Published : Monday, January 27, 2020 | 12:38 AM
Chapman covered and helped moderate last Thursday’s forum held by several neighborhood groups in West Pasadena. Topics not included in his original story, include transportation and the Pasadena Way. A summary of the candidates’ closing statement is also included.
Participants in the mayoral race were Mayor Terry Tornek, District 5 Councilmember Victor Gordo, former Senior Commissioner Jason Hardin, and businessman Major Williams. In District 6, Councilmember Steve Madison faced off against challengers attorney Tamerlin Godley and nonprofit executive Ryan Bell.
Williams called for a reimagining of how people move around the city. “We should implement an [automatic] walkway system like at the airport,” he said. “I’m working with tech guys right now come up with versions of that.”
Tornek said there’s a misconception that the city’s General Plan is anti-automobile.
“That’s not what it says,” he said. “It says we want to offer options to people. We’ve been enhancing our transit system and developing a more sensible system of bike paths around city, but we need to be realistic about how we achieve this.”
Godley also called for a realistic approach. “No one wants the congested nightmare that is the west side, but we need to stop our wishful thinking about mass transit,” she said. “We need to offer real incentives to get people out of their car.”
Hardin said he’s a strong advocate and user of mass transportation.
Bell said people won’t suddenly stop driving, but pointed out that the best cities are ones in which people can get around
without the use of a car. He called for mass transit to be free, go to more places and operate more frequently.
Gordo called for sustainability and better metrics of the impacts of transportation projects, and Madison pointed to improving intersections. “We will be forced by climate change to be smarter about our transportation solutions,” he said.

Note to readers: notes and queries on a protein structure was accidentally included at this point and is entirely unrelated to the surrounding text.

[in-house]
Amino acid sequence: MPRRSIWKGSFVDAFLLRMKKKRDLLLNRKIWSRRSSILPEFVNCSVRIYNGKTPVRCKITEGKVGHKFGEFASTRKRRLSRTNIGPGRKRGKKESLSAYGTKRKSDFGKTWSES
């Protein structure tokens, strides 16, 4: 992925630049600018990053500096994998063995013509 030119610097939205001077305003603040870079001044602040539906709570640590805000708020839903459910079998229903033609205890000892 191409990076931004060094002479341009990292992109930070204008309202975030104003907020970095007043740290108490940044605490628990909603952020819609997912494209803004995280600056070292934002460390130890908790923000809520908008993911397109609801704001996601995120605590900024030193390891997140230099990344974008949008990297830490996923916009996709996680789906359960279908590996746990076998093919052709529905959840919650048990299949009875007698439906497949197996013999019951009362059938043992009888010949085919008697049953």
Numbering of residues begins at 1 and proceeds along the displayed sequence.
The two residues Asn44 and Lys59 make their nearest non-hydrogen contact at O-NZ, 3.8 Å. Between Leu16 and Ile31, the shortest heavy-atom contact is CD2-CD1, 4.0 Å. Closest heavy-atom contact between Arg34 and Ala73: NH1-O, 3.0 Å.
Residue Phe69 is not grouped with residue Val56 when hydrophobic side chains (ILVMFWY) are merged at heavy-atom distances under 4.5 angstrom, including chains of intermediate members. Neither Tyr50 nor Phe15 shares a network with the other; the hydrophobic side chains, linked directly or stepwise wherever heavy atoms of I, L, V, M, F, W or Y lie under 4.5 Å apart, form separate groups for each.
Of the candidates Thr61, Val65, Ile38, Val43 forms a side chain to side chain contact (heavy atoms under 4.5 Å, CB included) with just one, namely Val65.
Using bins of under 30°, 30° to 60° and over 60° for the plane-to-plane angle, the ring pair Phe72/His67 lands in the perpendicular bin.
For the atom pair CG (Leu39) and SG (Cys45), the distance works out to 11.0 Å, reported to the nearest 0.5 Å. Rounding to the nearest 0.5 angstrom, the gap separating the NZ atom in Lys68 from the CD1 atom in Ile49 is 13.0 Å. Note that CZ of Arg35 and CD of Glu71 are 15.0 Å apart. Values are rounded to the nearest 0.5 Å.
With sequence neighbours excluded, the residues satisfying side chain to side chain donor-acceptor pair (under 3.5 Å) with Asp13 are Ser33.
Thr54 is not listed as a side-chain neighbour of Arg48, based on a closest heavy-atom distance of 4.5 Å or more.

On ‘the Pasadena Way’
Pasadena prides itself on citizen involvement—known as the “Pasadena Way”—yet many residents feel that City Council has ignored their desires or recommendations. One example in which West Pasadenans felt ignored was the addition of a public bathroom at Desiderio Park.
Tornek defended the city’s process for making decisions and argued that just because the Council disagrees with a resident’s or a citizen group’s point of view, doesn’t mean they aren’t listening.
Godley said people are looking for more transparency and honesty in their city government.
Williams agreed, saying city leadership is not effectively communicating to its citizens.
Hardin said he would work to “change the Pasadena Way,” which he and Bell argued doesn’t represent everyone in the city. Hardin also called for citizens to get more involved in city government.
Bell called for setting up listening sessions in areas such as Northwest Pasadena to make sure their voices are heard.
Gordo pointed out that elected officials have a responsibility to listen to their constituents.
Madison encouraged people to get involved in a city commission.
As for the bathroom at Desiderio, he added, “We haven’t heard the last of that issue.”
Bell said that the City Council is made up of landlords. As a tenant, he said he’d work to find housing solutions and “make Pasadena work for everyone.”
Godley pointed out that there was only one woman on the dais, and that the city would benefit from having a woman’s voice on the City Council.
Madison touted his record on the Council and pledged to maintain west Pasadena’s “great neighborhoods.”
Gordo said that if elected mayor, “It will never be ‘my way or the highway.’” He pointed out that he was one of the first to oppose bringing an NFL team to the Rose Bowl and that he consistently voted against the 710 tunnel.
Hardin said he’s not running to represent the city, but rather to represent the city’s people. He said his innate passion and curiosity in the issues facing the city will serve him well in office.
Tornek said he’s made progress on all of the issues he ran on four years ago. He said he worked behind the scenes to convince Metro and elected officials to abandon the 710 tunnel, that he understands “how the game is played” and how to get things done.
Williams said he is in the race to win it. He pointed out that he was the first candidate to throw his hat in the ring.